During setup for your app, you will be asked to enter an App Identifier.
For Android apps, you simply need to enter a unique identifier for your app, of the form
It must start with com and be different for every app. If you use the same identifier for a new app, and you install it on a device that has a previous app with the same identifier, your app will crash.
Your identifier is used when you publish to the Google Play store. From the Developer instructions for Android apps:
Every Android app has a unique application ID that looks like a Java package name, such as com.example.myapp. This ID uniquely identifies your app on the device and in Google Play Store. If you want to upload a new version of your app, the application ID (and the certificate you sign it with) must be the same as the original APK—if you change the application ID, Google Play Store treats the APK as a completely different app. So once you publish your app, you should never change the application ID.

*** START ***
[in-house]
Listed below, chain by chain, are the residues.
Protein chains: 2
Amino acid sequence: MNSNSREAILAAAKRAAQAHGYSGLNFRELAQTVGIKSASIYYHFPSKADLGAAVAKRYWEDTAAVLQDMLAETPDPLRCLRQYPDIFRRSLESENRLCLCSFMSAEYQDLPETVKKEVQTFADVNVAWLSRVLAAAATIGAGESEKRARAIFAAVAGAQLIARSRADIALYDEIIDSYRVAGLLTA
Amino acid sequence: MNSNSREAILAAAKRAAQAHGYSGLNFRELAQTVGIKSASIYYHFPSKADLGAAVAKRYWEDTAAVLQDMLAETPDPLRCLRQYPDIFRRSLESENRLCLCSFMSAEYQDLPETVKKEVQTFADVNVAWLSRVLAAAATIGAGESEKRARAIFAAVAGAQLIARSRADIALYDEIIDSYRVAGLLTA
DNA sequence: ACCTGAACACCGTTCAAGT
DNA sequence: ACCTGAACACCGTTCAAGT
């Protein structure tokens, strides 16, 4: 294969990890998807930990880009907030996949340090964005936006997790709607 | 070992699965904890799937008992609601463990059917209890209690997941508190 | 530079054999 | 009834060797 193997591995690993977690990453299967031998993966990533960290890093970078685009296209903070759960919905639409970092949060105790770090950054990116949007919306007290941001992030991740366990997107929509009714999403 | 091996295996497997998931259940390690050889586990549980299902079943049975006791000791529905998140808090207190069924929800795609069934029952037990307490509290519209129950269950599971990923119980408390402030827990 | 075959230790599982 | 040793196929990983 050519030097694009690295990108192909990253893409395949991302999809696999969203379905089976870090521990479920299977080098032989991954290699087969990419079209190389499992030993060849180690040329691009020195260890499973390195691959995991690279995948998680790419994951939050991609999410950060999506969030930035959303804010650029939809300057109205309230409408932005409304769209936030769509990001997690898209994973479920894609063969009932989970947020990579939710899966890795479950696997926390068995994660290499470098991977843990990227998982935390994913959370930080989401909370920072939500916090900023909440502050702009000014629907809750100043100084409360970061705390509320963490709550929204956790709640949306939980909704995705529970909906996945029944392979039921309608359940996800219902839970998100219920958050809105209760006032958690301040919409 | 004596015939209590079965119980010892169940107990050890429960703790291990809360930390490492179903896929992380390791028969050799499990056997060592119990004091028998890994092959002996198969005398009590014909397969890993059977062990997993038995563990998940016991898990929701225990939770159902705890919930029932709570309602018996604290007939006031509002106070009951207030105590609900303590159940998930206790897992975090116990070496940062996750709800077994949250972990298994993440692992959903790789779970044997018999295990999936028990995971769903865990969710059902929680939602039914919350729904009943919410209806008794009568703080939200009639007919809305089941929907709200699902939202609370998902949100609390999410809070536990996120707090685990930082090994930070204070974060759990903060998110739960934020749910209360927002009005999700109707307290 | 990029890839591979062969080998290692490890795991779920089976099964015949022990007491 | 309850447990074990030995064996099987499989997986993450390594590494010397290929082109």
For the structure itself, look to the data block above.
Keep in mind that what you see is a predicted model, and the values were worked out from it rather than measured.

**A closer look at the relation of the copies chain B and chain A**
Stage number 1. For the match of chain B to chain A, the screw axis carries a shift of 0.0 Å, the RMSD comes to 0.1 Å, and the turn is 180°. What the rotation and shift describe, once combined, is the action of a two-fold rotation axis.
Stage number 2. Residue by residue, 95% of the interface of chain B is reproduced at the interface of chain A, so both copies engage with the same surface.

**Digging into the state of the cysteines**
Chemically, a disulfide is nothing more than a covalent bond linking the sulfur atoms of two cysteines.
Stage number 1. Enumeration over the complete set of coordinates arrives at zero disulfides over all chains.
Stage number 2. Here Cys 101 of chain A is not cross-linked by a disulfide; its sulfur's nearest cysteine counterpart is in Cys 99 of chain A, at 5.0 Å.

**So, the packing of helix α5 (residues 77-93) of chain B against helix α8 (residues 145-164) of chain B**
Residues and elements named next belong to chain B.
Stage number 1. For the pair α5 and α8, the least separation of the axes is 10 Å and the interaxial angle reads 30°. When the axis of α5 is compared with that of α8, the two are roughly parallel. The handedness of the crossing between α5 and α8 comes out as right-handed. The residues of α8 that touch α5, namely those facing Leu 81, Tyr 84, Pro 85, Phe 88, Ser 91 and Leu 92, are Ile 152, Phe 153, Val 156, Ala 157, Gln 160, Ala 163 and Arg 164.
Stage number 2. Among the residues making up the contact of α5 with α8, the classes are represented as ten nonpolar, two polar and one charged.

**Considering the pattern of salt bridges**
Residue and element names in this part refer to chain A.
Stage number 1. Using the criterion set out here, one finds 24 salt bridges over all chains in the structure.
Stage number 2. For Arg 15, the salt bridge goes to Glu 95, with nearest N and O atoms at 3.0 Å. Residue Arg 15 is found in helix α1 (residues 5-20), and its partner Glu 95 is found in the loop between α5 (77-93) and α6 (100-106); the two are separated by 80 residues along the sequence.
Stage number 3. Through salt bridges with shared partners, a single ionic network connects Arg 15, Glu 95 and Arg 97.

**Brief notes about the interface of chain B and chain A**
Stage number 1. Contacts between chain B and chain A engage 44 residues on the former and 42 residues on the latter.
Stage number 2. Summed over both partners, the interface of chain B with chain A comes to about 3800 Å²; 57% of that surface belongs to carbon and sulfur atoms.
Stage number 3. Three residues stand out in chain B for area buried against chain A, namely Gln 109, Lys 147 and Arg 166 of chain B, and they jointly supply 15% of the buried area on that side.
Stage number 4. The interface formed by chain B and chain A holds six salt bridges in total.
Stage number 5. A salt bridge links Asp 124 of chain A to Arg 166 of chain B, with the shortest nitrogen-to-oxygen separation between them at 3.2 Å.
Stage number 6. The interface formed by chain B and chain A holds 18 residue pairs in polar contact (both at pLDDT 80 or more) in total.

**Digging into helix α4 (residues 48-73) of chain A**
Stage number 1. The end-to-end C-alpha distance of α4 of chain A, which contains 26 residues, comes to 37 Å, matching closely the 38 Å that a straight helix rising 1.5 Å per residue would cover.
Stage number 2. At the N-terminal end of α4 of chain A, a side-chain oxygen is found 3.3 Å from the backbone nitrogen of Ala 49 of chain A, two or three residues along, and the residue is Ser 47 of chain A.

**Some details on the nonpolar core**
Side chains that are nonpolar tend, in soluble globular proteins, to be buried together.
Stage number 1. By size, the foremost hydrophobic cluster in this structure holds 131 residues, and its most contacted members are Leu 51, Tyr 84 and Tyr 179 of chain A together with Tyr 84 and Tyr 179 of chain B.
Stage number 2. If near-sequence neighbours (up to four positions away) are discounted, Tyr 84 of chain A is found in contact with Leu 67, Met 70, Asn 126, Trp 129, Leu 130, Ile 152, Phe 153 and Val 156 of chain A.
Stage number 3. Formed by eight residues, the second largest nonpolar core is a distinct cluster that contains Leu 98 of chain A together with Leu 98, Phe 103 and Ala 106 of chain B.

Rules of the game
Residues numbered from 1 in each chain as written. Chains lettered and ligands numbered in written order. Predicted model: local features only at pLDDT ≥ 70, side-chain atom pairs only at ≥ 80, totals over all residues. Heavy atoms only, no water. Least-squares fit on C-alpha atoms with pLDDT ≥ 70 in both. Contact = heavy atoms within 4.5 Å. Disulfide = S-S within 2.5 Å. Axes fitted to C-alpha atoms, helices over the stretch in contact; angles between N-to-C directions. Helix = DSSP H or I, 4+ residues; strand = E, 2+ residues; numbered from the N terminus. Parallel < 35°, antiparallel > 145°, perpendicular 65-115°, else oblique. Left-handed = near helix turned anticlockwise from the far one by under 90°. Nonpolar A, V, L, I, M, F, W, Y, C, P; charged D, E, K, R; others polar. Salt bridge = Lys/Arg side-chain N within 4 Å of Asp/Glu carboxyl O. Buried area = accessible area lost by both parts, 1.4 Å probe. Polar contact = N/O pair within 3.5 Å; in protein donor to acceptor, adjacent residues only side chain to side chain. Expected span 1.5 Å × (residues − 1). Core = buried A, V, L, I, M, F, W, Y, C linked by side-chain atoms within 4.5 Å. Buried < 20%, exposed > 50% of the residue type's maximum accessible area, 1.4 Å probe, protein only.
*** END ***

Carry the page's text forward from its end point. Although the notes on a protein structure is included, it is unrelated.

Important note: Do not use any java reserved words in your identifier. This is a list of words that will cause issues with your identifier:
abstract assert boolean break byte case
catch char class const continue default
double do else enum extends false
final finally float for goto if
implements import instanceof int interface long
native new null package private protected
public return short static strictfp super
switch synchronized this throw throws transient
true try void volatile while